I confess I was a strong proponent of the Affordable Care Act. My reasoning was subtler than the hallowed pantheons of its staunch supporters and the apocalyptic predictions of its detractors. Forty years after graduating medical school I concluded, after many stutter steps, the American healthcare delivery system was economically unsustainable and the citizenry was neither living longer, nor better, despite medical expenditures that dwarf any other developed nation. My career also allowed me to personally interact with cardiac surgeons from all continents and see that their clinical results and research efforts were laudatory by any standards.
It pained me to see the counterproductive hurling of inaccurate, invective, and promulgating fear and misinformation based on political ideology with no regard for attempting to confront the problems of the status quo. Obamacare is not, in fact, a revolutionary change in healthcare delivery; it is health insurance reform with a mandate for universal coverage that on the fringes promotes new reimbursement models, but mostly preserves, at present, a fee-for-service system.
What was potentially the most beneficial aspect was that a political third rail had been breached-- the medical-industrial complex was confronted and legislation was passed and judicially approved. Obviously the law was tainted, imperfect and inexpertly introduced. I was naive and felt it was a start; the first step had been taken and now we could start the process of actually improving healthcare delivery to everyone because it was now a premise that all were entitled to.
As Cicero so aptly lamented during his first Catalonian Oration, “O Tempora, O Mores;” what difficult times, how unethical the political climate. I still do not get my facts from viewing the Republican Presidential Debates, nor sound bites from right-wing talk radio. To the chagrin of my GOP friends, I subscribe to and read daily the New York Times. Two recent articles from the fountain of liberal mantras suggest that the Affordable Care Act is not working and this attempt at reform maybe significantly flawed. Our present administration may be more interested in painting rosy pictures than facing uncomfortable economic reality.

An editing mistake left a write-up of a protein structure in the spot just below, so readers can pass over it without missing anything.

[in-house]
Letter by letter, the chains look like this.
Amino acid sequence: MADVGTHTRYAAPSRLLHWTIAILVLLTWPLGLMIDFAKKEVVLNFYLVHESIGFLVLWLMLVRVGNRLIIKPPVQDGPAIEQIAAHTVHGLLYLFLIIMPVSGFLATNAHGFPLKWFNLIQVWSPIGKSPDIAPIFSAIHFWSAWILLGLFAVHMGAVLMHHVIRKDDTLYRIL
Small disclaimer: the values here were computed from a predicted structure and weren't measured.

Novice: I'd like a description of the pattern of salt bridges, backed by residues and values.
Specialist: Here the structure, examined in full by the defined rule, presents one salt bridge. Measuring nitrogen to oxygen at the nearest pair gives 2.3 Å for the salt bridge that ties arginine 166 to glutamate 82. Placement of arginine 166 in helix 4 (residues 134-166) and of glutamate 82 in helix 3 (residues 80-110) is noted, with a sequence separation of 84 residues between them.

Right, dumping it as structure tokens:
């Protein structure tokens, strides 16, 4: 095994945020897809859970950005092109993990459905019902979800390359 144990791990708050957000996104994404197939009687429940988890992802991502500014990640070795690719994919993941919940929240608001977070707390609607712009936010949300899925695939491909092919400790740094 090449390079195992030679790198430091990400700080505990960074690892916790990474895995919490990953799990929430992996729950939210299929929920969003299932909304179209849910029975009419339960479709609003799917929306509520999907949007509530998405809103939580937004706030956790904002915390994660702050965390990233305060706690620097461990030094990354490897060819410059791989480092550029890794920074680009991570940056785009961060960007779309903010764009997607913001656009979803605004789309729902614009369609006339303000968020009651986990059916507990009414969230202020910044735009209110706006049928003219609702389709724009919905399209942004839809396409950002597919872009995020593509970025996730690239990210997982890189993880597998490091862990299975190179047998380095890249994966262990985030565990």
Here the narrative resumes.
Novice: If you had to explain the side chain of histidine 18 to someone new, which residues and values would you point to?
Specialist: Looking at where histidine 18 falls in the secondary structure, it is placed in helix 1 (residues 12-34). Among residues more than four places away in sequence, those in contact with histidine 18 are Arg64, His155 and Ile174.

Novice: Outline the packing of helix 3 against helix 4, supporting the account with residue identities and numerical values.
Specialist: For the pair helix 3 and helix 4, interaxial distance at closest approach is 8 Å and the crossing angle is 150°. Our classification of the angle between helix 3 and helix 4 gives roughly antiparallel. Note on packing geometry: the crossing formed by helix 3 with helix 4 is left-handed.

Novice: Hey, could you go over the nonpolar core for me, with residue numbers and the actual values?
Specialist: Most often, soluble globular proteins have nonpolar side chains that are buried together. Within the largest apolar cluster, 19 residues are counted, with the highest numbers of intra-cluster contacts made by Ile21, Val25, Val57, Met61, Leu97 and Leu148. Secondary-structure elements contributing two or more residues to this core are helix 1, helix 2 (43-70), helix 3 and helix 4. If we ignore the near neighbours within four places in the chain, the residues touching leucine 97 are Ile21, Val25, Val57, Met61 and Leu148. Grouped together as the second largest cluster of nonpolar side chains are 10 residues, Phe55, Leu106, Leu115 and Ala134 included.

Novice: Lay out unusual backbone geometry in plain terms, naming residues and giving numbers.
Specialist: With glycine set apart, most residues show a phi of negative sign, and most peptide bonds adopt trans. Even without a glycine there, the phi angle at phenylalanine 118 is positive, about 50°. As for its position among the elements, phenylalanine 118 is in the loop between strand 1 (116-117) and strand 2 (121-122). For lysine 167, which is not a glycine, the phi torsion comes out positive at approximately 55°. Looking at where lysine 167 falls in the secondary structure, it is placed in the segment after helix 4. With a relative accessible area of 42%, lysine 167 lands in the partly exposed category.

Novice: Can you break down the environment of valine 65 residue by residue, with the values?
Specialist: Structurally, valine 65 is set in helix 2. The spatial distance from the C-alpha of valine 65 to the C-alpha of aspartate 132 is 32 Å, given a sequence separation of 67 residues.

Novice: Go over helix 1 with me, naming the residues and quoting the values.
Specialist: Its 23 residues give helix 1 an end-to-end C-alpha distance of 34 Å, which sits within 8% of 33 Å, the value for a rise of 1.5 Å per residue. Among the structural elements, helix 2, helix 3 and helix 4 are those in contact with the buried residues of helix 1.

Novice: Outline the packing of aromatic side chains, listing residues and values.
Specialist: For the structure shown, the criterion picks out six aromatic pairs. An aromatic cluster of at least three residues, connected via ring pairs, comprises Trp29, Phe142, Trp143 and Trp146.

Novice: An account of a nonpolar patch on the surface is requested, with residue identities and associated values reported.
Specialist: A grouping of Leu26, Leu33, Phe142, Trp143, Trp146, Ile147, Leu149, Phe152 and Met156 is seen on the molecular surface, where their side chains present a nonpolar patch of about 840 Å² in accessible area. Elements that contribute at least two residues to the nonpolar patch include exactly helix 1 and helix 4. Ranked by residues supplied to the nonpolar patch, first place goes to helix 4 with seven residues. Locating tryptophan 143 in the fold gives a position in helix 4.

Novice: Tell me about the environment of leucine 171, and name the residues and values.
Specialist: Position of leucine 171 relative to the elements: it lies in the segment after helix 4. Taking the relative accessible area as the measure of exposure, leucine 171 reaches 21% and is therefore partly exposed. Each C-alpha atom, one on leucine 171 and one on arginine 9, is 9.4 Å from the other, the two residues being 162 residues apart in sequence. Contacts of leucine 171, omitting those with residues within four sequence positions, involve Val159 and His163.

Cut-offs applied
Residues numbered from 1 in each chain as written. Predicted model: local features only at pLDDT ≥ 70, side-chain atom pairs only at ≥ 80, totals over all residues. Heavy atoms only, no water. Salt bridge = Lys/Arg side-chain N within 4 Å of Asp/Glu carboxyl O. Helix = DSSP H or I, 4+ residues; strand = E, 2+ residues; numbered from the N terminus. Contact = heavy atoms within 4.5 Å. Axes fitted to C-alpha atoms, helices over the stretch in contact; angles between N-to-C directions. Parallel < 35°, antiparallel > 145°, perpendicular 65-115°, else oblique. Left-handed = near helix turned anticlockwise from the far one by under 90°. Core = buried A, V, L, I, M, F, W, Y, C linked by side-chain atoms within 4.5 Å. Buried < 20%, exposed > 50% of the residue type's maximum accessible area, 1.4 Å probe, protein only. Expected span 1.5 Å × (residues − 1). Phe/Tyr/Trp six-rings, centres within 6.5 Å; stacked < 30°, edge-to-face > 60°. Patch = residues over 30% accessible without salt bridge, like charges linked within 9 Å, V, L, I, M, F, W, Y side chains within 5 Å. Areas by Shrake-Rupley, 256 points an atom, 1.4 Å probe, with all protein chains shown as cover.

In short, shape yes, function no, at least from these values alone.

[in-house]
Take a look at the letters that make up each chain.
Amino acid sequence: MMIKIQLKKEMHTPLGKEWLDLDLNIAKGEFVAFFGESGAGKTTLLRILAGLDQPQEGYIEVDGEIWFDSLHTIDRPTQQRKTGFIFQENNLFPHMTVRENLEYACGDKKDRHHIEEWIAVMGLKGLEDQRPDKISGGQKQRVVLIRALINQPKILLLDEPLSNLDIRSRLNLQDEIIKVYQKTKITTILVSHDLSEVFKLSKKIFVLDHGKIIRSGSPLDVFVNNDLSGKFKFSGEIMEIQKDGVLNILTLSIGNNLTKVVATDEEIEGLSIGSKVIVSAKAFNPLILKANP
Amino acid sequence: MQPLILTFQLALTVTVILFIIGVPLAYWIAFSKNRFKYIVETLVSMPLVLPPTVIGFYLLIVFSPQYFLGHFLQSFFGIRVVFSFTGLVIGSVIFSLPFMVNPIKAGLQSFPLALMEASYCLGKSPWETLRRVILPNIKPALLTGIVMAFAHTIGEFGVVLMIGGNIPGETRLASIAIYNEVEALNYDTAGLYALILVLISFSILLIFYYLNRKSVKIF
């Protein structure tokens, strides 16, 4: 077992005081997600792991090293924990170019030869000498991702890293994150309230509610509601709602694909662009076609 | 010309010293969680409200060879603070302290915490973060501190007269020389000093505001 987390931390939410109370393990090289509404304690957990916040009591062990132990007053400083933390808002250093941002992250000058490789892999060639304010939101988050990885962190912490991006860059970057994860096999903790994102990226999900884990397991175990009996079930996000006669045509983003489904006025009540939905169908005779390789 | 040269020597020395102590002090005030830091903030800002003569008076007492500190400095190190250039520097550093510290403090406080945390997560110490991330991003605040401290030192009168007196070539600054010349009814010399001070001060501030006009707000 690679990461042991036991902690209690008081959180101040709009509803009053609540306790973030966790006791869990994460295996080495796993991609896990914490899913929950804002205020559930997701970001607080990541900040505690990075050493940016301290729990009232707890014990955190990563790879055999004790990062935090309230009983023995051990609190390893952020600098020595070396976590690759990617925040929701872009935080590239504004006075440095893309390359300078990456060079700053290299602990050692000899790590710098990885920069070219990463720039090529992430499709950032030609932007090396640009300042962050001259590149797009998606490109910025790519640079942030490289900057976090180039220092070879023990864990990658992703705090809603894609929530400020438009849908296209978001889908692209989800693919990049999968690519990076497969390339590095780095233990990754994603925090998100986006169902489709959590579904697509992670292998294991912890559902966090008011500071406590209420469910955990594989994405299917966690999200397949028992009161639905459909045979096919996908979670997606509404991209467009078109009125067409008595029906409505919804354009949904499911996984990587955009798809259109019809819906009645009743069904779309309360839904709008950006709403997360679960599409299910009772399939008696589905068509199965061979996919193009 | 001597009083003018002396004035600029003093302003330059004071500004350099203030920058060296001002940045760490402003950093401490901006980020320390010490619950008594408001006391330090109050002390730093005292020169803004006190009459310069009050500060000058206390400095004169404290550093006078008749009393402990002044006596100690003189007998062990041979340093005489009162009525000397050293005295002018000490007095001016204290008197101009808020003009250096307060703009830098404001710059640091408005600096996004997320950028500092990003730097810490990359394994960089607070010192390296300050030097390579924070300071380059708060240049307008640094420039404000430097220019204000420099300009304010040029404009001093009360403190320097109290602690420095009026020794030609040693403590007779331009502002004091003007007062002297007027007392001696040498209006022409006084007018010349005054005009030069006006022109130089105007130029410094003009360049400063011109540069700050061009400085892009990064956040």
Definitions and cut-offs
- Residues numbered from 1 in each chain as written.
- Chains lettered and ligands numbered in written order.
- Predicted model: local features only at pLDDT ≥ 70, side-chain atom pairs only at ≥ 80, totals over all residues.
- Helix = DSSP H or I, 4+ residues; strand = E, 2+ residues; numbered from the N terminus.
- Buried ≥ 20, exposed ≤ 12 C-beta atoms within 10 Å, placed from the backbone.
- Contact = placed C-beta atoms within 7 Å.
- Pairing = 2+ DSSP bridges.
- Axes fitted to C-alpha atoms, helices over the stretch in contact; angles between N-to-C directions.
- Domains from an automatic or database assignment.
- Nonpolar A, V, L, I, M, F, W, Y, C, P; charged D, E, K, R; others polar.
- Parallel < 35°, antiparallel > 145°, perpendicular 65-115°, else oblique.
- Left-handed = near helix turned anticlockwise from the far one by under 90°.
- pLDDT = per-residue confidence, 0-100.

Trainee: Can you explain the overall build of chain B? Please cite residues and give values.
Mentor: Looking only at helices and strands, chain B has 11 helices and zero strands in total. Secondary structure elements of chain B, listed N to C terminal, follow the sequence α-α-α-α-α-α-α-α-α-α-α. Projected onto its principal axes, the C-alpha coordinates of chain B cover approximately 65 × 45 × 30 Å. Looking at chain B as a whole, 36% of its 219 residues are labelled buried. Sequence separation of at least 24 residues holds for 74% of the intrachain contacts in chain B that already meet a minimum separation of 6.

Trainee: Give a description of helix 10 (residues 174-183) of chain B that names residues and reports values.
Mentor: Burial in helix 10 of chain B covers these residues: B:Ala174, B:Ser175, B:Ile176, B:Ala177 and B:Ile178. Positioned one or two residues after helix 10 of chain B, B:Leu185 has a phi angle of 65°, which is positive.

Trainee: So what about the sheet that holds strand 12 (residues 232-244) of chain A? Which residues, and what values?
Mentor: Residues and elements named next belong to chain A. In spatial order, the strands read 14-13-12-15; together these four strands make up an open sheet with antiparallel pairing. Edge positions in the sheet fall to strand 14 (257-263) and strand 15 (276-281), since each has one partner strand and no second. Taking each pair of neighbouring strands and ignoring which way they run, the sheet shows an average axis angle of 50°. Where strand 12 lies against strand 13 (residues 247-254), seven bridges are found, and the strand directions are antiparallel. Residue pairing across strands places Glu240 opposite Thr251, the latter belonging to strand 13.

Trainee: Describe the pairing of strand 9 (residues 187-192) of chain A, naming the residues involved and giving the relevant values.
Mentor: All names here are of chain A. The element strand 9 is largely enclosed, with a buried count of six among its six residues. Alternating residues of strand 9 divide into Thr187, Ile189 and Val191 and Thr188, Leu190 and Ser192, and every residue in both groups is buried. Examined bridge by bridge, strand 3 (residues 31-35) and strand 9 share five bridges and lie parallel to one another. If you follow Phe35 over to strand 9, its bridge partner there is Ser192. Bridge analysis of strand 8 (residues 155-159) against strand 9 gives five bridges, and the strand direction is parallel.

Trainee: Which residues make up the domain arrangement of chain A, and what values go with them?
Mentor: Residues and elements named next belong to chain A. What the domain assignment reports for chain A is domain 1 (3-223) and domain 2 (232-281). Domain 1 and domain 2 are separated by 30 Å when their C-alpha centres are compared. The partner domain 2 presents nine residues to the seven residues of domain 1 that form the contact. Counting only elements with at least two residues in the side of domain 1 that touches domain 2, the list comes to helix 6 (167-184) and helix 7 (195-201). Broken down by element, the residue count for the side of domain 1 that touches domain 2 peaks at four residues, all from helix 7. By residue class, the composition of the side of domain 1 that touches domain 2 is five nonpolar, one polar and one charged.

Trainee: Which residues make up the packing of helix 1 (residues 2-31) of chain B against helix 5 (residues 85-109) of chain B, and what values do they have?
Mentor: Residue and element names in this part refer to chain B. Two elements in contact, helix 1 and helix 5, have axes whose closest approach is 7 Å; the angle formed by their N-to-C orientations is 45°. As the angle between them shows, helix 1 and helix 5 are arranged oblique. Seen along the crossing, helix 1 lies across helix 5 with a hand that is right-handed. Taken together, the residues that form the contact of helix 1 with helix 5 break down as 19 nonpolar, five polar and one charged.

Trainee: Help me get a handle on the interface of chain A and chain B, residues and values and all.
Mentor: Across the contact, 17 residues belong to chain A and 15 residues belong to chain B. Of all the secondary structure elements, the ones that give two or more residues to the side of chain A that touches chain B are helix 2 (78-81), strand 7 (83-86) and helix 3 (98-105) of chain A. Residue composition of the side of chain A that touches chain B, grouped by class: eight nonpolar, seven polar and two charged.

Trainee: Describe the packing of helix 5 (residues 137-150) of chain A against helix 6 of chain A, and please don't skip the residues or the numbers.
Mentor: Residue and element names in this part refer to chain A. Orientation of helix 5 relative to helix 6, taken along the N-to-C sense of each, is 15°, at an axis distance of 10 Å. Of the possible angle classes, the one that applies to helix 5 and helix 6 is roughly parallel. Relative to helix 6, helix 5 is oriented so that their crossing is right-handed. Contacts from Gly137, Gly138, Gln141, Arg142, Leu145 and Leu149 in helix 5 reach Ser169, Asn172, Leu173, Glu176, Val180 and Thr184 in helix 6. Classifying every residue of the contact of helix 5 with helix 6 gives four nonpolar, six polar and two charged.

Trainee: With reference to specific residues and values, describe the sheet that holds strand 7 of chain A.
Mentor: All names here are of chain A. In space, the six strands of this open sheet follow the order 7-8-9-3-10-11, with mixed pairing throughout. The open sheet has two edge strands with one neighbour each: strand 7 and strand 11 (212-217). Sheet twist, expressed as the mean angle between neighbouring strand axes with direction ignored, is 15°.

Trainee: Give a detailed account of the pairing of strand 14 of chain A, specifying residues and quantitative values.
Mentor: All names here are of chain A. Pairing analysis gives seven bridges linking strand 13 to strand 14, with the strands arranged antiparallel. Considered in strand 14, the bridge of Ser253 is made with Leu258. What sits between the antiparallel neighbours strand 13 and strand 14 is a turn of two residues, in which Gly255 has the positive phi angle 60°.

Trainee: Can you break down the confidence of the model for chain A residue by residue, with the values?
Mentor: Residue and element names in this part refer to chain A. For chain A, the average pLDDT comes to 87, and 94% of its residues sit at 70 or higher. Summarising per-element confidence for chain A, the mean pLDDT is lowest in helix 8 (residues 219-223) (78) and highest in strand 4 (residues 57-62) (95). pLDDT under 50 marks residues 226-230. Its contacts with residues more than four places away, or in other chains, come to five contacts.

On January 6, 2016, the front page headline was “Medical Debt Often Crushing Even for the Insured”. Despite coverage by Obamacare, 20% of people too young for Medicare eligibility had having trouble paying their medical bills last year. They are still vulnerable because of the rising cost of coverage and covering 15,000,000 more Americans has accelerated the burden of copays and deductibles. That take-home message was reiterated and anecdoted over the rest of the 1/2-page article and a week later the headline was about costs climbing as more people enroll past the health act set deadline.
The administration is focused on the metric of increasing the number of enrollees; therefore, it has allowed large numbers of people to sign up past the deadline by creating “special categories” or “new onset circumstances” as a humanitarian response. However, once the medical emergency is over, these folks drop out after a temporary subsidization. These temporary riders, so to speak, are, according to insurers, harming and destabilizing the exchange markets. The Feds set up these post-deadline circumstances for eligibility, but provided no support, nor guidance, to verify that this cohort actually qualified.
Behind the ideological sniping, there is accumulating more and more evidence that the economic premise of universal coverage, i.e. large pools of insured made up of multitudes of the young and healthy to offset the older and sicker, and efforts to eliminate waste and fraud, may not be attainable as this bill is implemented. Where is the political will and expertise to be found to fix it?
By Norman Silverman, MD, with Ryan McKennon, DO and Ren Carlton